The following day, we made the half hour drive to Merano, South Tyrol’s traditional spa town. People have been coming to Merano for wellness since the 1500s. Later during the Hapsburg Empire, Empress Elisabeth of Austria, known as Sisi, came here for her health, putting Merano firmly on the exclusive spa and wellness map. However, these days, wellness isn’t just for the rich.
Right in the heart of the city is the ultra-modern Terme Merano, a complex of 25 indoor and outdoor pools, capitalising on the mineral-rich mountain water. Its location in the city-centre demonstrates Terme Merano’s philosophy of wellness for everyone and locals use the spa as well as the visiting tourists.
The 15 indoor pools were busy with people of all ages, during our mid-week visit. In the warmer months, the grounds outside turn into an inner-city oasis, with 10 more pools and stunning views of the surrounding mountains.
Beyond the additional pools, including a lily pond pool, are extensive gardens planted with roses and South Tyrolean flora. There is even a pond for abandoned turtles. (The setting makes us wish we were abandoned turtles too…)
We headed for the treatment area, for a quick tour, before indulging ourselves. Like Arosea, Terme Merano uses local products in its treatments. They have even created their own line of skin-care products using South Tyrolean apples. Other treatments include wool, whey, goat’s milk, wild mountain herbs, hay, and even beer and wine.
The treatment rooms are modern and comfortable. There’s even a special room for couples’ treatments with side-by-side massage tables, a Jacuzzi tub for two and a double bed for relaxing.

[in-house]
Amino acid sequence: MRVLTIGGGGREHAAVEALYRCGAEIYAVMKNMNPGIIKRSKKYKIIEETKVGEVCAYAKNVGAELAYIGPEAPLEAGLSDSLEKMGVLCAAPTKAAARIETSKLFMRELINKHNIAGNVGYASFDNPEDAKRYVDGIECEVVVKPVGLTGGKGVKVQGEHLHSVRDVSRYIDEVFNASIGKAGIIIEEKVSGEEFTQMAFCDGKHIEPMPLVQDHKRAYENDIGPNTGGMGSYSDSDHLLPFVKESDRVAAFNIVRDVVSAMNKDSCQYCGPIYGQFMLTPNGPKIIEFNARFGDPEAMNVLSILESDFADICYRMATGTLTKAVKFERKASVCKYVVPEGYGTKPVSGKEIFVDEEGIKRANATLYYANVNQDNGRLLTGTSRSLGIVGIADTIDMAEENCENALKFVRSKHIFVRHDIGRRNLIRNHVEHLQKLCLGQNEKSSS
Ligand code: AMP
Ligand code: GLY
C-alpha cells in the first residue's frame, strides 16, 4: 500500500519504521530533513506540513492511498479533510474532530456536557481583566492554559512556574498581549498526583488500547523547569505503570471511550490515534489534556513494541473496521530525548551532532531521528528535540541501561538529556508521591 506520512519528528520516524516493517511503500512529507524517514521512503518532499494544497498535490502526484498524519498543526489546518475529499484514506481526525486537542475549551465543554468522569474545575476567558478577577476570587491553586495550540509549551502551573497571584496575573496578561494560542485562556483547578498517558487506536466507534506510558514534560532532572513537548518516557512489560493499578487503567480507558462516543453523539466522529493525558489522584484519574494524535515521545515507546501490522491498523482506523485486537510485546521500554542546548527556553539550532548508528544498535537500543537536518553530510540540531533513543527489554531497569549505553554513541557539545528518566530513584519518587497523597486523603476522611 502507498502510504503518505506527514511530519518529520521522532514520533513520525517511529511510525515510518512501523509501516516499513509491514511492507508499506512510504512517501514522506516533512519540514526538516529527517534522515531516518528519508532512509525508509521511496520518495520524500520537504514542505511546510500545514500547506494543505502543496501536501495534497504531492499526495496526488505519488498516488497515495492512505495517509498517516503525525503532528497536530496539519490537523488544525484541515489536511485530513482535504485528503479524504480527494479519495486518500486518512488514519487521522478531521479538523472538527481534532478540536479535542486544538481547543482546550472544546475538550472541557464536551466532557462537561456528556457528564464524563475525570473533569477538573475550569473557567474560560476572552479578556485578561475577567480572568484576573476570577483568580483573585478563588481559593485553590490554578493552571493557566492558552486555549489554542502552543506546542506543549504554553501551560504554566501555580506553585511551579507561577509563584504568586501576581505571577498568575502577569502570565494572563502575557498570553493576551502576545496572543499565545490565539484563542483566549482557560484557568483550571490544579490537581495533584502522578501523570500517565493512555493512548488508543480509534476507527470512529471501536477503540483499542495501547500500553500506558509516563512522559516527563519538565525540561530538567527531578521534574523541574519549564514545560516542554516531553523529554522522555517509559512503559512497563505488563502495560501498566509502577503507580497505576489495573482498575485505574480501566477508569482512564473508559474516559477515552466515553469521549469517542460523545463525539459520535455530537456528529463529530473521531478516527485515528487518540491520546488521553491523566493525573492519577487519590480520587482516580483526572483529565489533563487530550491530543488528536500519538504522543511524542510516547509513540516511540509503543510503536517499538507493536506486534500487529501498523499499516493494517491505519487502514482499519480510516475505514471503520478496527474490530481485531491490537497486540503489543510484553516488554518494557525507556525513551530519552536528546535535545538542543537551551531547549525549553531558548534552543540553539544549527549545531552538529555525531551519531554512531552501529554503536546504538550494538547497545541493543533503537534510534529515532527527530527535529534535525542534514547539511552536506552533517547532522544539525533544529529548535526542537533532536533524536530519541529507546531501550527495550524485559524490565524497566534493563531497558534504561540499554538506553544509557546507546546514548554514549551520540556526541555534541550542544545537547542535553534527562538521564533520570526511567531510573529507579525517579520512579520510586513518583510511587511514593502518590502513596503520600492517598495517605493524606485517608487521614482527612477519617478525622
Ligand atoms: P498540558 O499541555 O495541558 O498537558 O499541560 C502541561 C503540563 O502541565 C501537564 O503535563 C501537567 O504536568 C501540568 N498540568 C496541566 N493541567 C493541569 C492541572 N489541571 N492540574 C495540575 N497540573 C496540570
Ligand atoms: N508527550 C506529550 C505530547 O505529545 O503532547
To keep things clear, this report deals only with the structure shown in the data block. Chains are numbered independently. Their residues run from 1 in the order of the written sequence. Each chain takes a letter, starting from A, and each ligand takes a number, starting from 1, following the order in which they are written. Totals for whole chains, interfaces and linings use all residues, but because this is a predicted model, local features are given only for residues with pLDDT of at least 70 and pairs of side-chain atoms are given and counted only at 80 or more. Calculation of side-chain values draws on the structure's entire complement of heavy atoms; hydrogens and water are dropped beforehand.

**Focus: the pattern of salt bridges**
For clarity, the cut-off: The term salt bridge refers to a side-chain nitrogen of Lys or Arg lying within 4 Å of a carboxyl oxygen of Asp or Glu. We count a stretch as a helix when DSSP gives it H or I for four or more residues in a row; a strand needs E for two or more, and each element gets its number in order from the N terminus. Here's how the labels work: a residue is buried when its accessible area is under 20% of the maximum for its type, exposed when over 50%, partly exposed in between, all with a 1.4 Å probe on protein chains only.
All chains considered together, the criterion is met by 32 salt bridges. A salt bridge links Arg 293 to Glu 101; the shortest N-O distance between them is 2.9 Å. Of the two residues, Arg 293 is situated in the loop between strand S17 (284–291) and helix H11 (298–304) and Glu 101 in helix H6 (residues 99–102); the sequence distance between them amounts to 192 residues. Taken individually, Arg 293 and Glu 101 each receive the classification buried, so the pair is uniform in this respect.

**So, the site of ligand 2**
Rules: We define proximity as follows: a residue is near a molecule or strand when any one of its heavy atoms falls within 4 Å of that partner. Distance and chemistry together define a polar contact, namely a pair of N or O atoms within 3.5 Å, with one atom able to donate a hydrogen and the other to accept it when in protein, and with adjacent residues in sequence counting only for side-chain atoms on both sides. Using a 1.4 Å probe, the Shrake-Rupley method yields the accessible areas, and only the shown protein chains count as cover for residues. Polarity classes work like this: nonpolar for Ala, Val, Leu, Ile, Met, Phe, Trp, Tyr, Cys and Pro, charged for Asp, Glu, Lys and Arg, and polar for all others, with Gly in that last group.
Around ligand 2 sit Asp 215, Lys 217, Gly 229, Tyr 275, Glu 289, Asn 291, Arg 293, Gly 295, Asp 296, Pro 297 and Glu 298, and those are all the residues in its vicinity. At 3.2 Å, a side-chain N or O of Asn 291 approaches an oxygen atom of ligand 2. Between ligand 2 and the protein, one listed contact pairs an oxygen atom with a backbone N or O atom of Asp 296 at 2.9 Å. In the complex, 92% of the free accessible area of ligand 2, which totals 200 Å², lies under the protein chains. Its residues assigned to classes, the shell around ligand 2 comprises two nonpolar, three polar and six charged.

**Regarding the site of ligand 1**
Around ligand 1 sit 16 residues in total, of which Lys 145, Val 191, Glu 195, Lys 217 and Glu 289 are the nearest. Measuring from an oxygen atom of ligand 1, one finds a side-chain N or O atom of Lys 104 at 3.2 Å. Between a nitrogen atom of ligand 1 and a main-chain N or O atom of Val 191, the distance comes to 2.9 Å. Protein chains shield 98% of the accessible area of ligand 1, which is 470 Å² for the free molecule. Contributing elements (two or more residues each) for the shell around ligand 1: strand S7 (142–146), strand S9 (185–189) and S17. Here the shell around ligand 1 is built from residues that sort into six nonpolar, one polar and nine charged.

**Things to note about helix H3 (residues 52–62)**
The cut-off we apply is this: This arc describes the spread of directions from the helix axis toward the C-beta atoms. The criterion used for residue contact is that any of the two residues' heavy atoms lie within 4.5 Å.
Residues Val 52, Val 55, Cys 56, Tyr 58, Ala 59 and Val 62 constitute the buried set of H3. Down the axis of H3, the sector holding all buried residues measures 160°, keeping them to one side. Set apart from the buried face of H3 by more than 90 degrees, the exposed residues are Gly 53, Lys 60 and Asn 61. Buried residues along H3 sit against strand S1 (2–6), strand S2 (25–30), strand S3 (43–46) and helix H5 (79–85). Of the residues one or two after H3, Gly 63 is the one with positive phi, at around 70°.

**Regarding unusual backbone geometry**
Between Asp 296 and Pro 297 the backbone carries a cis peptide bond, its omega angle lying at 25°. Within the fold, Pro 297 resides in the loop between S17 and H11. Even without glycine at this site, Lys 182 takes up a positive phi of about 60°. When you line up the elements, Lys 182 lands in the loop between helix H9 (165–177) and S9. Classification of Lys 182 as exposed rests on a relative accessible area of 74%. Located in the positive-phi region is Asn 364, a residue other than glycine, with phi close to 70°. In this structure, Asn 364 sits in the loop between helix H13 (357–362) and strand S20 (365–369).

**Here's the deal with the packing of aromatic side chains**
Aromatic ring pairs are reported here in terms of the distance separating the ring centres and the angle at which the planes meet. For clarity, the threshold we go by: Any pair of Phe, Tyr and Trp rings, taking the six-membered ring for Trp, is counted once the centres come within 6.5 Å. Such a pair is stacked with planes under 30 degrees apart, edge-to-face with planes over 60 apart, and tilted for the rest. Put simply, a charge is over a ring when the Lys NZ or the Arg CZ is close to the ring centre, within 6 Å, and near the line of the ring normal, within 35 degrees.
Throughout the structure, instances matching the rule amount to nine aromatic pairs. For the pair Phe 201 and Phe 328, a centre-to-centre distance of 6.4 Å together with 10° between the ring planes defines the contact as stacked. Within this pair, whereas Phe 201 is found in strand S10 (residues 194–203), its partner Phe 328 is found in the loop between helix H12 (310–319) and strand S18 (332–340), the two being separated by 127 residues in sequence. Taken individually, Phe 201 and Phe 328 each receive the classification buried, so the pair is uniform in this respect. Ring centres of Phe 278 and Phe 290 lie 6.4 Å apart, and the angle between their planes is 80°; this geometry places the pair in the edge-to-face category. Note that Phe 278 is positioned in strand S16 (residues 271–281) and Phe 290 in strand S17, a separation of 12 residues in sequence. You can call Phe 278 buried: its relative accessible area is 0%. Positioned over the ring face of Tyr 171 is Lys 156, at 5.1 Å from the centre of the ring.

Once again, Andrew and I split up to investigate our treatments. This time, mine would feature Edelweiss from the mountains in the form of a body wrap and Andrew would sample a South Tyrolean mountain pine peeling.
After being slathered in delicious smelling edelweiss lotion, I was wrapped in a water-filled pack, the solid platform I was laying on descended into a tub of warm water, where I floated ensconced in my wrap for about 20 minutes. It was a bit like being wrapped inside a waterbed.
Unlike traditional spas, where you are in a darkened room, at Terme Merano they believe the mountain views and connection to nature are part of the wellness experience. Once I was safely enclosed in my wrap, my technician threw open the curtains so I could enjoy the view. Unfortunately, most of the mountains were shrouded in a December mist, but the overall effect of the treatment was warm, weightless, and relaxing.
Meanwhile, in another treatment room, Andrew was massaged with a scrub featuring mountain pine oil. After the scrub was complete, he was washed down with warm water, leaving his skin smooth and soft, and a little bit pine scented too.
Once Andrew and I were reunited, and again, on a limited timeframe, we decided to forego the busy pools and head straight for the more secluded sauna area.
Terme Merano has eight saunas, as well as a steam bath, multi-sensory showers, and a snow room with, you guessed it, real snow.
Even in the sauna area, we could see attempts to bring nature inside, with a central courtyard and views to the outdoor relaxation area. There is even a large Finnish sauna outside with views to the surrounding mountains.
In the midst of it all is a small bar serving drinks and light snacks. It’s a calming oasis in the city and we could definitely see ourselves being frequent visitors if we lived here.
By the end of our second day in South Tyrol, we had experienced wellness treatments, featuring the best of the region’s natural products, at two very different spa facilities. Whether you are looking for a modern complex close to the amenities of the city, or a total escape from civilisation, South Tyrol’s spas have something to offer the wellness-seeking visitor.
Stay tuned for one final wellness escape in South Tyrol, Italy, that’s so isolated, we had to take a cable car to get there.
We wouldn’t be able to do what we do without the generous support of our sponsors. We’d like to extend a huge thank you to South Tyrol for inviting us to discover these two amazing spa facilities and allowing us to express our honest opinions about South Tyrol. As always, if we don’t recommend a destination, you won’t see it here on CheeseWeb.